The conclusion of Damned If You Don't leaves the door open for this becoming a series rather than a one-time effort. Future novels featuring amateur sleuth Hannah Fox would be welcome indeed."

Tuesday, May 1, 2012

Ian Williams was kind enough to allow me to talk about Damned If You Don't on The Catskill Review of Books, his weekly program on WJFF  Radio Catskill, a public radio station in Jeffersonville, New York. He's the kind of interviewer who not only reads your book but makes you forget you're on the air. Lots of fun. Follow the link if you'd care to listen.

Tuesday, April 24, 2012

Two Sentence Tuesday

 It's Two Sentence Tuesday over at Women of Mystery. Please join us there if you'd like to share two sentences you've written and/or two you've read. Here's my contribution from the WIP:

The conversation played out as Gaby had imagined, except that Stefan cleaned up his language because their son was there. She could hear Sam badgering Stefan to let him tell her the thing he’d forgotten to tell her about the gerbil, and then, “When is my mommy coming?” After a long silence, Stefan said she could come on Sunday between nine and eleven, and she knew he’d thrown her that crumb because Sam was at his elbow.

(I know, I know. That's three sentences, but it's okay to cheat.)

Saturday, April 14, 2012

WWED (What Would Elmore Do)?

If you're looking for inspiration, there are a couple of items on the freebie table At Women of Mystery today.

Thursday, April 5, 2012

What's the sound of one hand typing?

I have no idea. But the sound of two hands typing is another story. Read more at Women of Mystery today where you'll catch a link to Bill Meissner's lament on the subject.

Saturday, March 31, 2012

When You Don't Know What You Don't Know

"...I was the avid mystery reader in the family, and assured him there wouldn’t be much of a leap between reading mysteries and writing one."

Read more at Poe's Deadly Daughters where I'm guest blogging today on this topic: When You Don't Know What You Don't Know.

Wednesday, March 21, 2012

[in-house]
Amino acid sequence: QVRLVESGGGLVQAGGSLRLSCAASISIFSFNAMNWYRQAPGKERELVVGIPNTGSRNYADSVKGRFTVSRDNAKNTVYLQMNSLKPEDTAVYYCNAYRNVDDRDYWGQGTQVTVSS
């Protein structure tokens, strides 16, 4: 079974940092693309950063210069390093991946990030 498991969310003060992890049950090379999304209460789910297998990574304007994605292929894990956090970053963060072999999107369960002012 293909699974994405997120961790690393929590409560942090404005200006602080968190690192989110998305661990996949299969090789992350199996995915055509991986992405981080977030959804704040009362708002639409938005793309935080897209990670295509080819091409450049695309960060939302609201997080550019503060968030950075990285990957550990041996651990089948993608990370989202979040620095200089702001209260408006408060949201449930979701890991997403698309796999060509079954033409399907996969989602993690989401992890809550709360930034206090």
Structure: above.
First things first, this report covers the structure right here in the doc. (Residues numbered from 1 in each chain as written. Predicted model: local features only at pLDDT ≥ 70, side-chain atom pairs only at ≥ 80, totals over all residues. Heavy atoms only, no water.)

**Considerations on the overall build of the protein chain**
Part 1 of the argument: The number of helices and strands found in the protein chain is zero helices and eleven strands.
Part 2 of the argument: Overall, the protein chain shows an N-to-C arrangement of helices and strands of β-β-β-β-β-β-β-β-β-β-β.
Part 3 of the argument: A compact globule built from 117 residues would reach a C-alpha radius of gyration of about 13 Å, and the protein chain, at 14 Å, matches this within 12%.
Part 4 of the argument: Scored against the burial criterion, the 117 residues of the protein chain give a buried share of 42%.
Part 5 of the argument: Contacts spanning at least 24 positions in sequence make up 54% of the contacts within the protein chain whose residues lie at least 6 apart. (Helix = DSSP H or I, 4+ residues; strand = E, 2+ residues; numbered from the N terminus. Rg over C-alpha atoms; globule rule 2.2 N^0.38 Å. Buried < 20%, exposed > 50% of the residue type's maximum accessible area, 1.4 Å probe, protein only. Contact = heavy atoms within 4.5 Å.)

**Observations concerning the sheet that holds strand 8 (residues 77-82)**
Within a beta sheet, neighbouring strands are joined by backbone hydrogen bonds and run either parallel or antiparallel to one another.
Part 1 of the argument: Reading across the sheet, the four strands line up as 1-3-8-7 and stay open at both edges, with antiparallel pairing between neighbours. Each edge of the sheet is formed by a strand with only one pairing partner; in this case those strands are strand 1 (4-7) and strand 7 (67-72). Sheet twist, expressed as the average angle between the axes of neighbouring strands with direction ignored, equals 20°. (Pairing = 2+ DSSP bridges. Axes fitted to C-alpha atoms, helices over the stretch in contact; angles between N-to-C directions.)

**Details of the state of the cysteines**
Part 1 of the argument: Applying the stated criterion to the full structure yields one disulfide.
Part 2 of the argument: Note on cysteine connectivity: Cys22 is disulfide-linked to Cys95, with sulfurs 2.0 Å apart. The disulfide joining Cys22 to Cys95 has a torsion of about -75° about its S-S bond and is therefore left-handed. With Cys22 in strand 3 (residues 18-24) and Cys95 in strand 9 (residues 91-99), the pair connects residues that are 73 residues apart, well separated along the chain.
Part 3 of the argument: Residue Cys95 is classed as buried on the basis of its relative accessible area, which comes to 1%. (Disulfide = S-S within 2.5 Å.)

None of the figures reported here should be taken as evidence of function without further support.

NTTR: Novels to the rescue! At last, a ray of hope in this bleak political season. Read more at Women of Mystery.

Thursday, March 8, 2012



Read the details today at Women of Mystery.

Thursday, March 1, 2012


You'll find the list of Derringer finalists at Women of Mystery today. Well done, all! Of course, I'm especially thrilled that my WOM blog sisters, Kathleen Ryan and Cathi Stoler, and good friend Liz Zelvin are on that list. And did I mention that Liz's story originally appeared in Murder New York Style: Fresh Slices?

Wednesday, February 29, 2012

Just Bragging

Critical Praise for Damned If You Don't

"I liked spending time with Hannah Fox, Anita Page's warmly human and admirably hardheaded heroine in DAMNED IF YOU DON'T (L&L Dreamspell). Hannah is a woman who looks at life with both rueful humor and intense sympathy for those who suffer. She's funny and smart, full of well-reasoned opinions and an awareness that she might be nuts. Although very conscious of her flaws, Hannah accepts herself and others with generosity of spirit. And the creature that returns this most consistently, in this mystery driven by complex human beings, is her dog, Brooklyn. Hannah is glad for the solace." --Susan Weinstein,

"In a mystery of this sort believable and sympathetic characters are a must and this is one of Ms. Page’s strengths. Along with Hannah, a fully realized well rounded character who never falls into triteness, Page has particularly believable adolescents, who act like real kids not small adults. If I had one quibble it was keeping track of the many minor characters. Despite that quibble this is a first mystery with an intelligent plot and an appealing heroine and a satisfying resolution."--Ron Smyth, The GenReview

And more words of praise for Murder New York Style: Fresh Slices

If you love New York, you’ll be thrilled about this collection of tales written by
members of the New York/Tri-State chapter of Sisters in Crime. Like the city it honors, this collection has it all and will satisfy even the most well read. The crimes take place in lots of NY locales, not just Manhattan, though it gets a great share of the stories. The characters are many and varied and give a real flavor of the diversity the city encompasses. As will all anthologies, the styles are as different as the contributors. This collection brings some happy moments with old favorites as well as with some newcomers. The stories range from the gritty realistic variety to some with ghostly or even vampiric flights of imagination. This is not a hit or miss anthology. Every entry is top notch. --Mysterical-e